How Does a Traditionalist Vote?
I’ve said on Facebook that I’m tempted to cut out the middleman this November and write in a vote for Goldman Sachs. But if you’re a traditionalist conservative and you want to accept one of the offerings officially on your ballot, which do you choose?
For partisans, this is a no-brainer. For conservatives in the vein of, say, Russell Kirk, it’s anything but. Faced with the non-choice between Franklin Delano Roosevelt and Thomas Dewey in 1944, Kirk said no to empire and voted for Norman Thomas, the Socialist Party candidate. There was no Fox News to tell him a conservative couldn’t do that.
For all that Kirk didn’t like libertarians — “chirping sectaries,” he called them — if he were in search of a peace candidate today he might well consider the Libertarian Party’s Gary Johnson. Or, closer to Norman Thomas, the Green Party’s Jill Stein.
There’s even an anti-empire case — not a strong one, but one outlined by Justin Raimondo here — for Barack Obama. The incumbent is at least incrementally better than his Republican rival on foreign policy. It’s impossible to imagine Romney not having done every bellicose thing that Obama that did in his first term (from ramping up the drone war in Pakistan to participating in the Libya attack), and Romney has promised a great deal more: more brinksmanship with Iran, more baiting of Russian bears and Chinese dragons, more taxpayer dollars for Pentagon pork. For a smaller military budget and the prospect of fewer wars — according to both candidates themselves — a pragmatic anti-empire conservative might lean toward Obama.
A traditionalist who prioritizes the Supreme Court and the possibility of eventually overturning Roe v. Wade will lean the other way. Romney may or may not appoint reliably right-wing justices, but Obama would invariably appoint more justices like Sonia Sotomayor and Elena Kagan. Just as there’s a chance of less war with Obama, there’s a chance of ending Roe — or moving in that direction — with Romney. Weigh the prospects.
Economically speaking, both major-party candidates are prisoners of outmoded ideologies. Obama, a Keynesian without gusto, has been remarkably short on proposals for reviving the economy: he offers just more of the same. Romney pins his hopes to “growth” stimulated by low taxes and lower interest rates, a recipe that notably failed to cook up a solution to the impending crisis during the Bush years. Where the economy is concerned, Obama has had basically nothing to say, and nothing Romney says can be trusted.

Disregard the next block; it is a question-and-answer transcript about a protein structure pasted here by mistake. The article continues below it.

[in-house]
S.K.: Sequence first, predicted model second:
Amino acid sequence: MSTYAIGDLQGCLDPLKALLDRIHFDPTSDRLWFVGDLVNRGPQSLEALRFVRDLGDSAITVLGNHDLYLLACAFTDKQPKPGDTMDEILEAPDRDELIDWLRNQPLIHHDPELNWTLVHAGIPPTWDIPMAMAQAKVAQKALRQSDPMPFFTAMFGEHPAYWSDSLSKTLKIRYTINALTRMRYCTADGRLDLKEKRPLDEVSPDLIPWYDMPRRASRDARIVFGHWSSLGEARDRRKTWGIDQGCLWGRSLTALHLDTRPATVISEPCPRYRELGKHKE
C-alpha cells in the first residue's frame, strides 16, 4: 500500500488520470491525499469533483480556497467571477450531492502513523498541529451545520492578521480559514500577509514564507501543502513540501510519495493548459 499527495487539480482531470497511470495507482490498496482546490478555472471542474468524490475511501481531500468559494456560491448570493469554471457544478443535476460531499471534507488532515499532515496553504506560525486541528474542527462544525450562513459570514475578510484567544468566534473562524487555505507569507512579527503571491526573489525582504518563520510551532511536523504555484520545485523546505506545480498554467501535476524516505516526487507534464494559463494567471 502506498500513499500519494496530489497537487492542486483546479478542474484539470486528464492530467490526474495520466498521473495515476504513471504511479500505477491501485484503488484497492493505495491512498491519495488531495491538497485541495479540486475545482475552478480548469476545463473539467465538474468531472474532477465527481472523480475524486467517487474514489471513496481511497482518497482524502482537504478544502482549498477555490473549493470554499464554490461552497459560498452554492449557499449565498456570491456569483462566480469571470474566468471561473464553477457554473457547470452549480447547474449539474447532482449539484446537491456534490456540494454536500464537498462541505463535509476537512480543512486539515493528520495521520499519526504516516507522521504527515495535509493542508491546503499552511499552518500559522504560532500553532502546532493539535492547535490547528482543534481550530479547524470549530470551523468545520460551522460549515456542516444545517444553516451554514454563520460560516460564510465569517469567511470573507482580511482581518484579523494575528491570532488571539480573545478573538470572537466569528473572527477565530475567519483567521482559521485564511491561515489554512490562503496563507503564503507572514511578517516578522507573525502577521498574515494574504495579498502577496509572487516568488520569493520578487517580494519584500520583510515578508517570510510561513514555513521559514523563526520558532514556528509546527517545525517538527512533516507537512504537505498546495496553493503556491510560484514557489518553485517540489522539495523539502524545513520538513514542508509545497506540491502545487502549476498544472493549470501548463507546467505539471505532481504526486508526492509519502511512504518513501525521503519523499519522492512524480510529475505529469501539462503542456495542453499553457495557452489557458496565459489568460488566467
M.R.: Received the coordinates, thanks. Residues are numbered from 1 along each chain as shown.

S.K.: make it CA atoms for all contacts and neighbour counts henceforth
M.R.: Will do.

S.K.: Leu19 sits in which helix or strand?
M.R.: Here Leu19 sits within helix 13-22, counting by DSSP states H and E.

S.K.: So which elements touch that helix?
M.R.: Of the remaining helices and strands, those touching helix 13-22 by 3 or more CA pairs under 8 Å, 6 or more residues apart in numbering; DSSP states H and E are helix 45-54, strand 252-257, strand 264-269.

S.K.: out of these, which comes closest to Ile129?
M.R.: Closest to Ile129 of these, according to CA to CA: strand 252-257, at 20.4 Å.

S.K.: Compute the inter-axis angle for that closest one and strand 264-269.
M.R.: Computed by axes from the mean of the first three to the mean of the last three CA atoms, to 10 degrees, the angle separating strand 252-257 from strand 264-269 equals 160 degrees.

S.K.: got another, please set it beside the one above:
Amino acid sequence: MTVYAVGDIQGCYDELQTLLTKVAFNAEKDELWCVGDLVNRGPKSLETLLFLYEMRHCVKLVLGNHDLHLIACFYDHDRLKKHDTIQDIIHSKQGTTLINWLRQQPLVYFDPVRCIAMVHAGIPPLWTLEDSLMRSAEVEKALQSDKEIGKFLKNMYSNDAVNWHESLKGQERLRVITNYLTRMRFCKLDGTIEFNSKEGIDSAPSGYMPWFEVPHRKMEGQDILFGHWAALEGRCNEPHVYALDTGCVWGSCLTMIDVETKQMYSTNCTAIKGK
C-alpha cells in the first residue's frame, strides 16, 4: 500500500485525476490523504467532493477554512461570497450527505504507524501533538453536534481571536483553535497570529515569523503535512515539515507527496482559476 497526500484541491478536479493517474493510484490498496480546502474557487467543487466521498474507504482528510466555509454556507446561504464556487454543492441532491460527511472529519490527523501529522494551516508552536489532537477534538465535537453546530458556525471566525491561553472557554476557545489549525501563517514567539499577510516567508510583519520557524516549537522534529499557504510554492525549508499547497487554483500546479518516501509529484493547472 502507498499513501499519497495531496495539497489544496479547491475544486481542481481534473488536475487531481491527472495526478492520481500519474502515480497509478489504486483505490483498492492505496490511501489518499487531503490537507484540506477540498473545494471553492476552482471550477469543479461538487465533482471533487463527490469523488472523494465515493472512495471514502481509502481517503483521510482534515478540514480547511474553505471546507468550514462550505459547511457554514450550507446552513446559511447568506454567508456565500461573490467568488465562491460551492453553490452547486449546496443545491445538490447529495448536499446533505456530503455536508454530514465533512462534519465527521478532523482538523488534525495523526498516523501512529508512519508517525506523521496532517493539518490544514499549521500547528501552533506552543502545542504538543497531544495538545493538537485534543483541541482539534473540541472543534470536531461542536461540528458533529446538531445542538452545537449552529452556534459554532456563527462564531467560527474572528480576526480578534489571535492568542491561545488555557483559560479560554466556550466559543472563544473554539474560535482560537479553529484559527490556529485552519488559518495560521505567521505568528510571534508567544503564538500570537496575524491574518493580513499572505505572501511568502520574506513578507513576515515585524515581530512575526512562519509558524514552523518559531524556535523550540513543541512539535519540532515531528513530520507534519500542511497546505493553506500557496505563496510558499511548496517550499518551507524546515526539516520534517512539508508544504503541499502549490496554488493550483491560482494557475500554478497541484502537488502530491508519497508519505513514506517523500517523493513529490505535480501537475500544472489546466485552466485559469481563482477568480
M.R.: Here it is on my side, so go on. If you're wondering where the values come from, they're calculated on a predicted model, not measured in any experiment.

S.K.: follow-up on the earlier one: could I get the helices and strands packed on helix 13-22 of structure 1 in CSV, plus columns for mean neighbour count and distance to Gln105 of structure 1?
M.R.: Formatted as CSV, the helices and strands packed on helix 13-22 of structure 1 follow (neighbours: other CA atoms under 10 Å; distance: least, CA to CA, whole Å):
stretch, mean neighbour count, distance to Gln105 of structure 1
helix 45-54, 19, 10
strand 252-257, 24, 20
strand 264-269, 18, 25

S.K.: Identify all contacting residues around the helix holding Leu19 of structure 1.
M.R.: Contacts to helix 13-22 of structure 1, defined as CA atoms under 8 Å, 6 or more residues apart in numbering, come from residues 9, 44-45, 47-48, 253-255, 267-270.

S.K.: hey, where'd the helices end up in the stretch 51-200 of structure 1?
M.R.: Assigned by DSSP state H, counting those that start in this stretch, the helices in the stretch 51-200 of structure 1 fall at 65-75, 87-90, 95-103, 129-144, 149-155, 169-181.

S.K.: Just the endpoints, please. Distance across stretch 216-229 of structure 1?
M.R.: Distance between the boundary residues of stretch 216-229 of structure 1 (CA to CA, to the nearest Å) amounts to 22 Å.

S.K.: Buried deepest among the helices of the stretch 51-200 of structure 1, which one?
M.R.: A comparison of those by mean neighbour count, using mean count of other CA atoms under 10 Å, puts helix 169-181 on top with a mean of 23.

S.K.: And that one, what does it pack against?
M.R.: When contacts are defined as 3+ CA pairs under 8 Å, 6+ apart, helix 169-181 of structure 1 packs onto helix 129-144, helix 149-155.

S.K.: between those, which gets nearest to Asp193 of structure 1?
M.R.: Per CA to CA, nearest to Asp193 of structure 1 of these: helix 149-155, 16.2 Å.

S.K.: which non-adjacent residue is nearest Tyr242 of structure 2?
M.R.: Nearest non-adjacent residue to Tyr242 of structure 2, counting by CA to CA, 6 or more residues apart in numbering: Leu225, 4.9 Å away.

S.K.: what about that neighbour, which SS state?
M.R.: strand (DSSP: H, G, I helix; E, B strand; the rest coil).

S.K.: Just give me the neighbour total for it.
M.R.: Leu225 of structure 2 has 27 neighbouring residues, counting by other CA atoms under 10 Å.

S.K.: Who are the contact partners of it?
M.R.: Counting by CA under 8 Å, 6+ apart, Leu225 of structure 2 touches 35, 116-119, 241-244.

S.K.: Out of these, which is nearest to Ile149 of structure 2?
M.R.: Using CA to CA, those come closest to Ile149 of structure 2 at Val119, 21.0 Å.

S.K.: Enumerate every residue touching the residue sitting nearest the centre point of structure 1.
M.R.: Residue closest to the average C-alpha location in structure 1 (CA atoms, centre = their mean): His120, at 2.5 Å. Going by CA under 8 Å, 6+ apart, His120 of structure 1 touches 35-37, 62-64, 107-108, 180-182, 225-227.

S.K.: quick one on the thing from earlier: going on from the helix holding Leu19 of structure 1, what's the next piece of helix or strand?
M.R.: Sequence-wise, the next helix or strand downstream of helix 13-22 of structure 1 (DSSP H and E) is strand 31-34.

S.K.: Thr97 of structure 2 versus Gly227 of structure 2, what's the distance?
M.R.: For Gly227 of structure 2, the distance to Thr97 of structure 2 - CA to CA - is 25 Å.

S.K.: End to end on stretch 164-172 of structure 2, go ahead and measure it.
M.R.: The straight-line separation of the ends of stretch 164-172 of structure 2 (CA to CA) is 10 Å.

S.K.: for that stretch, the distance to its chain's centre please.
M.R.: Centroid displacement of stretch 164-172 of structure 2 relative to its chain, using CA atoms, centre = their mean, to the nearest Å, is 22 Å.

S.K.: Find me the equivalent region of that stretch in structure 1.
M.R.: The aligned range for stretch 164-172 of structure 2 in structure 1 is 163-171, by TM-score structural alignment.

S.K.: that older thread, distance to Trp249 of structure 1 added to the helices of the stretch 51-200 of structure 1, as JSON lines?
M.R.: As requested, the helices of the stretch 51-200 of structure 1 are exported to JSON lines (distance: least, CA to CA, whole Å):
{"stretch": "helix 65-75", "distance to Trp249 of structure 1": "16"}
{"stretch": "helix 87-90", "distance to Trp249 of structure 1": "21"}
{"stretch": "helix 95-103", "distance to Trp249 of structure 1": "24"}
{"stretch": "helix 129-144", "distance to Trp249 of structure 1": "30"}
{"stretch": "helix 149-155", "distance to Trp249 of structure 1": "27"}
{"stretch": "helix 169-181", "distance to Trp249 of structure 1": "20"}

If immigration is your top concern, Romney again is clearly better than Obama, but may not be nearly good enough. For a symbolic restrictionist vote, there’s former Virginia congressman Virgil Goode on the Constitution Party ticket. Goode voted for the Iraq War and the Patriot Act (twice), so he’s no Pat Buchanan or Ron Paul. But he’s certainly a restrictionist’s restrictionist.
Then there’s Gary Johnson, the highest elected official ever to run on the Libertarian Party ticket, a two-term and quite successful governor of New Mexico. He’s a libertarian, not a traditionalist conservative, but he shares a traditionalist’s distaste for Wilsonian wars — though he gets intermittently squishy on humanitarian intervention. If ever the Libertarian Party seemed like a good idea, an experienced government-slashing governor running against the politicians who brought you Romneycare and Obamacare — the guy who promised to “double Guantanamo” and the guy who promised to close it but didn’t — would seem to be worth considering.
None of these contenders is a conservative in the traditionalist’s understanding of the world. Romney is a warhawk who belongs to the class of false conservatives that Robert Nisbet described in Conservatism: Dream and Reality as “Budget-expanding enthusiasts for giant increases in military expenditures,” but he might be antiabortion. Obama is less overtly hawkish but terrible on abortion and religious liberty. Gary Johnson is a libertarian, and Virgil Goode is Tom Tancredo.
There are two meta-considerations for a traditionalist. If Romney wins, he’ll have a Republican House and probably a Democratic Senate, which sounds exactly like the formula that gave us No Child Left Behind in the Bush years. (Once Bush’s party took the Senate, too, we got the Iraq War and Medicare Part D.) Obama would have a Republican House and probably a Democratic Senate, the formula that gave us the sequester and a far cry from the Democratic dominance that gave us the Affordable Care Act. Single-party control of the House and the executive branch has not, historically, been a path to smaller government. If Romney wants conservatives to buy what he’s selling here, he has to convince them of his own kind of “hope” and “change.”
The other thing to keep in mind is the long view: a Republican president means a greater likelihood of Democratic gains the House in 2014. A second Obama term means a good chance of a Republican picking up the White House in 2016, by which time someone much better than Romney might be on the ballot — or perhaps someone much worse. Once more, it’s a question of weighing the probabilities.
Then again, one could always do exactly what Russell Kirk did, and poke both Goldman Sachs and the empire lovers in the eye by writing in Norman Thomas.
Daniel McCarthy is the editor of The American Conservative. Follow @ToryAnarchist.